ANNA MARIA -- The same cadaver-sniffing dog that searched for the remains of Caylee Anthony during one of the most highly publicized crime cases in American history is on Anna Maria Island for a second straight day today.
Bones, a 9-year-old German shepherd handled by Sgt. Kris Brewer of the Osceola County Sheriff’s Office, is on loan to the Manatee County Sheriff’s Office this week for its search for the remains of missing businesswoman Sabine Musil-Buehler.
The dog and his trainer spent 150 hours on loan to Orange County in the case of Caylee’s mother, Casey Anthony, who was recently found not guilty in the little girl’s death
Caylee’s remains were eventually found close to the Anthony home in Orange County.
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“We searched the backyard of George and Cindy Anthony in Orange County and later I took the witness stand in the case,” said Brewer, who has worked with Bones for almost three years.
Musil-Buehler was last seen alive Nov. 4, 2008 and, according to the sheriff’s office, is presumed dead. No arrests have been made in the case.
The Brewer/Bones team didn’t find Musil-Buehler on Tuesday, but hopes were running high because of Bones’ reputation.
“He’s very experienced,” said Suzi Fox, of Anna Maria Island Turtle & Shore Bird Monitoring, which welcomed Bones to a beach where no dogs are usually allowed, especially at turtle nesting season.
Besides Bones, the sheriff’s office had front-loaders in action, all in an effort to cover all the bases perhaps one final time, said Dave Bristow, a sheriff’s office spokesman.
“We came out here with cadaver dogs in the beginning, then we dug and now we are closing this out with another dog, sort of a fresh nose on the case,” Bristow said. “We just want to do everything we can. No matter if we find her here or not, we are going forward with this case. We expect to make an arrest.”
Watching Bones work was fascinating to Fox and others who strolled by to check out the famous dog.
Bones can smell human remains even from bones that have been buried for seven years or more, Brewer said.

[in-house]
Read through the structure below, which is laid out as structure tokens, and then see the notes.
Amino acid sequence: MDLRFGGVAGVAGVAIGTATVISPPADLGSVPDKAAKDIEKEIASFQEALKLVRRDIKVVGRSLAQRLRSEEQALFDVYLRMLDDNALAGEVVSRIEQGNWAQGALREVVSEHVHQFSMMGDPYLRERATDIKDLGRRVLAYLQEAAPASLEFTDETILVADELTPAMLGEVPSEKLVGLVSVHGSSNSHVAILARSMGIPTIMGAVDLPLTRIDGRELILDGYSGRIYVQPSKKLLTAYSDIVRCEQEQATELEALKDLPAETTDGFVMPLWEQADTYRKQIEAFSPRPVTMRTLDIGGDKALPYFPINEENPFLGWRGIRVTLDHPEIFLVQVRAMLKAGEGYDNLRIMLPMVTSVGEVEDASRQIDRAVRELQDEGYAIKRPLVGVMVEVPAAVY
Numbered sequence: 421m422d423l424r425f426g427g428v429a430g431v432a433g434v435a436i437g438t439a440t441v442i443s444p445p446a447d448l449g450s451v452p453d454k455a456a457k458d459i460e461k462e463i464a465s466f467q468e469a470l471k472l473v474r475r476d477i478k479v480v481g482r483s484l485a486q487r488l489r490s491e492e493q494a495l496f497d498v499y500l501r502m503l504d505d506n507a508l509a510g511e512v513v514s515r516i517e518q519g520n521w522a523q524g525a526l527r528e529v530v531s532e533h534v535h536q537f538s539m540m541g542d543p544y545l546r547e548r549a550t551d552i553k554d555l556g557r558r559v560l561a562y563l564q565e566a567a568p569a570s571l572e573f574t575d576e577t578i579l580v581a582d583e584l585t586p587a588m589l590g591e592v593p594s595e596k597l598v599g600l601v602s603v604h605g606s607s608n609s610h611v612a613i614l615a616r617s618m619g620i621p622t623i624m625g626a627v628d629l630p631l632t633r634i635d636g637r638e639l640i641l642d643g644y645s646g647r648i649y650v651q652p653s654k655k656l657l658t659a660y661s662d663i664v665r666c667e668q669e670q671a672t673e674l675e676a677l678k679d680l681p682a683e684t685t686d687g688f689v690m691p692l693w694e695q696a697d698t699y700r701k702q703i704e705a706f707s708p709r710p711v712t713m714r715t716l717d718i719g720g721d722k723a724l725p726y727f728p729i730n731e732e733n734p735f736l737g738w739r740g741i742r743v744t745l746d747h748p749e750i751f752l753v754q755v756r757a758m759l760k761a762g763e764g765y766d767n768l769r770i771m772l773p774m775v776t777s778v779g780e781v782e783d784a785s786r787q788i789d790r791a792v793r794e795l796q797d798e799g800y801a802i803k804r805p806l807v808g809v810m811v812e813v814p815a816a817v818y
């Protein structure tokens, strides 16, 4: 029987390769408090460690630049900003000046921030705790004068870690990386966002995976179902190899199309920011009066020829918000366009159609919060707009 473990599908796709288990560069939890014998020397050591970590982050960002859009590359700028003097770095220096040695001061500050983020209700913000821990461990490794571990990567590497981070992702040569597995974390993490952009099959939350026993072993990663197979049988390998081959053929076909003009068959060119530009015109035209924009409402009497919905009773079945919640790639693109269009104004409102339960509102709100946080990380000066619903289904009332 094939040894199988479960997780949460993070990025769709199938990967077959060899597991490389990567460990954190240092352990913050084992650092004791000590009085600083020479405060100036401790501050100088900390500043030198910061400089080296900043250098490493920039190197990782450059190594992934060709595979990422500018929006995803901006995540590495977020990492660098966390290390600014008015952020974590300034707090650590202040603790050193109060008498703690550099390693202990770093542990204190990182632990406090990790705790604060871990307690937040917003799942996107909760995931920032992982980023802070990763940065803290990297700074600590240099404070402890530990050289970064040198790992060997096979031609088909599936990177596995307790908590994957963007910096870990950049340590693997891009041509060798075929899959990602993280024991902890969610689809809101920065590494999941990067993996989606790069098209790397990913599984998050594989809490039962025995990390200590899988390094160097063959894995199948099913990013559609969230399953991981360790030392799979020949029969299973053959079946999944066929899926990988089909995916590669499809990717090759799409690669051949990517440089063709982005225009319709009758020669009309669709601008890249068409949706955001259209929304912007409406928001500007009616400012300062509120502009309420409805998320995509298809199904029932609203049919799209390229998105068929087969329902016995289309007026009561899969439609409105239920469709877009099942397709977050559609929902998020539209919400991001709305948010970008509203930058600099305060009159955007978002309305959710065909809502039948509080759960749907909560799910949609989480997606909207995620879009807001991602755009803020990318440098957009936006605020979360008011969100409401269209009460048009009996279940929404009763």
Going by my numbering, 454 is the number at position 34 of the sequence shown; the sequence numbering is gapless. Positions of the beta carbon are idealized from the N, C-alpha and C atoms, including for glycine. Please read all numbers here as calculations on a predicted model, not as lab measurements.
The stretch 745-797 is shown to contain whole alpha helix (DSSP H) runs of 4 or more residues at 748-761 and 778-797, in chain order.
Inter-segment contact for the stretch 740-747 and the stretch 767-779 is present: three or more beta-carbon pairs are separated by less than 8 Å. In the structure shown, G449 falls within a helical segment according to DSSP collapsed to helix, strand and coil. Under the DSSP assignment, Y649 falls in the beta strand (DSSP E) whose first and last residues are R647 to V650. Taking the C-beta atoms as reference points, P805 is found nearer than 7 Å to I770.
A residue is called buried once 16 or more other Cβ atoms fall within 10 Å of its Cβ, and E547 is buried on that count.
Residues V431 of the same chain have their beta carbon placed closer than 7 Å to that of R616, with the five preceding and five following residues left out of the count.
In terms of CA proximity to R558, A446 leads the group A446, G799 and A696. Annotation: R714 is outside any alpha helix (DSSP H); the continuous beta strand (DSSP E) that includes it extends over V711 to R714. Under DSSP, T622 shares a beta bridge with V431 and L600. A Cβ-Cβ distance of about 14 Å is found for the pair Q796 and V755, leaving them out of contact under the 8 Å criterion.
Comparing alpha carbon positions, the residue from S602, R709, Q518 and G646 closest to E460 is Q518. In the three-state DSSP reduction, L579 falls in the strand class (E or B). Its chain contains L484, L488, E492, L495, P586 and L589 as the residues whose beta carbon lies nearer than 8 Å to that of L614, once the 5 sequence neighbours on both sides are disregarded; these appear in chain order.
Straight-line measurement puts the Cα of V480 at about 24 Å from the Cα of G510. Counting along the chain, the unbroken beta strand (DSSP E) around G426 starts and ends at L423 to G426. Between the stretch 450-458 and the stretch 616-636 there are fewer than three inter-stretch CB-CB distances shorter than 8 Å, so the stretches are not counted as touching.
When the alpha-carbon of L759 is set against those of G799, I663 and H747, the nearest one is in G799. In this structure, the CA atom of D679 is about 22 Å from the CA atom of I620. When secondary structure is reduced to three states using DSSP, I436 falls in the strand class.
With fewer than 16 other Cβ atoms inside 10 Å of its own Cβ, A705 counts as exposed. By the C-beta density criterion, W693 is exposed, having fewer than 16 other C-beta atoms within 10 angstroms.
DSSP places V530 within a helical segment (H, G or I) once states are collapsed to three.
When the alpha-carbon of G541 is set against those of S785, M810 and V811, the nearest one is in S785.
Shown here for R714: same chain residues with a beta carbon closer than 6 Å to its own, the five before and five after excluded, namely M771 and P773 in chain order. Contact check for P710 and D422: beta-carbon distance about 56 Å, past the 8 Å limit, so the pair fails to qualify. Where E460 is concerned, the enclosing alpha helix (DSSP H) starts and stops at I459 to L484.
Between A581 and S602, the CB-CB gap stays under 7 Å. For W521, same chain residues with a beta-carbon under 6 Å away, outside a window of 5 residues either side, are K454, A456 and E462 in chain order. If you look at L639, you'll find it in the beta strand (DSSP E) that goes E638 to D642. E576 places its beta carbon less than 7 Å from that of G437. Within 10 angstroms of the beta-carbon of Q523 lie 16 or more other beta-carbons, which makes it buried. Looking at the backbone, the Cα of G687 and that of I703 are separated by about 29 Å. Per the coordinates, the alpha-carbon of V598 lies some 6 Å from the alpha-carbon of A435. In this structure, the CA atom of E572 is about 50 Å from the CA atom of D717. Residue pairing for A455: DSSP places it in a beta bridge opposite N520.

“When Bones was trained, he was imprinted with the smell of human bones and human fluids,” including blood, Brewer said. “When he would find them, he would get a reward. He would be allowed to play with his tennis ball, which he loves.”
Bones can’t smell long decomposed remains and bones from the surface, however.
Homicide detectives have given Brewer about a half-dozen “points of interest” where they think Musil-Buehler might be buried.
Tuesday, these points were in the palmetto and sea grape scrubs just south of Willow Avenue, around where some of Musil-Buehler’s possessions were found July 9.
Brewer drives a 4-foot probe into the ground to loosen the dirt at these points so Bones can sniff.
Interestingly, Bones will not react to animal bones; he hasn’t been imprinted with them. He also can’t distinguish between Musil-Buehler’s remains and other humans.
He will give the signal, which is sitting right over the probe area, when he smells human bones or tissues, Brewer said.
“In his career, he has found six or seven skeletal remains or bodies,” Brewer said. “He is very talented and exceptional. That’s why we do a lot of traveling.”
The longer the remains have been buried or decomposed, the more Bones needs to be directed to the exact spot, which makes it challenging, but not impossible.
“If he is searching fresh remains, he doesn’t need to be as close to the exact spot,” Brewer said.
Richard Dymond, Herald reporter, can be reached at 748-0411, ext. 6686.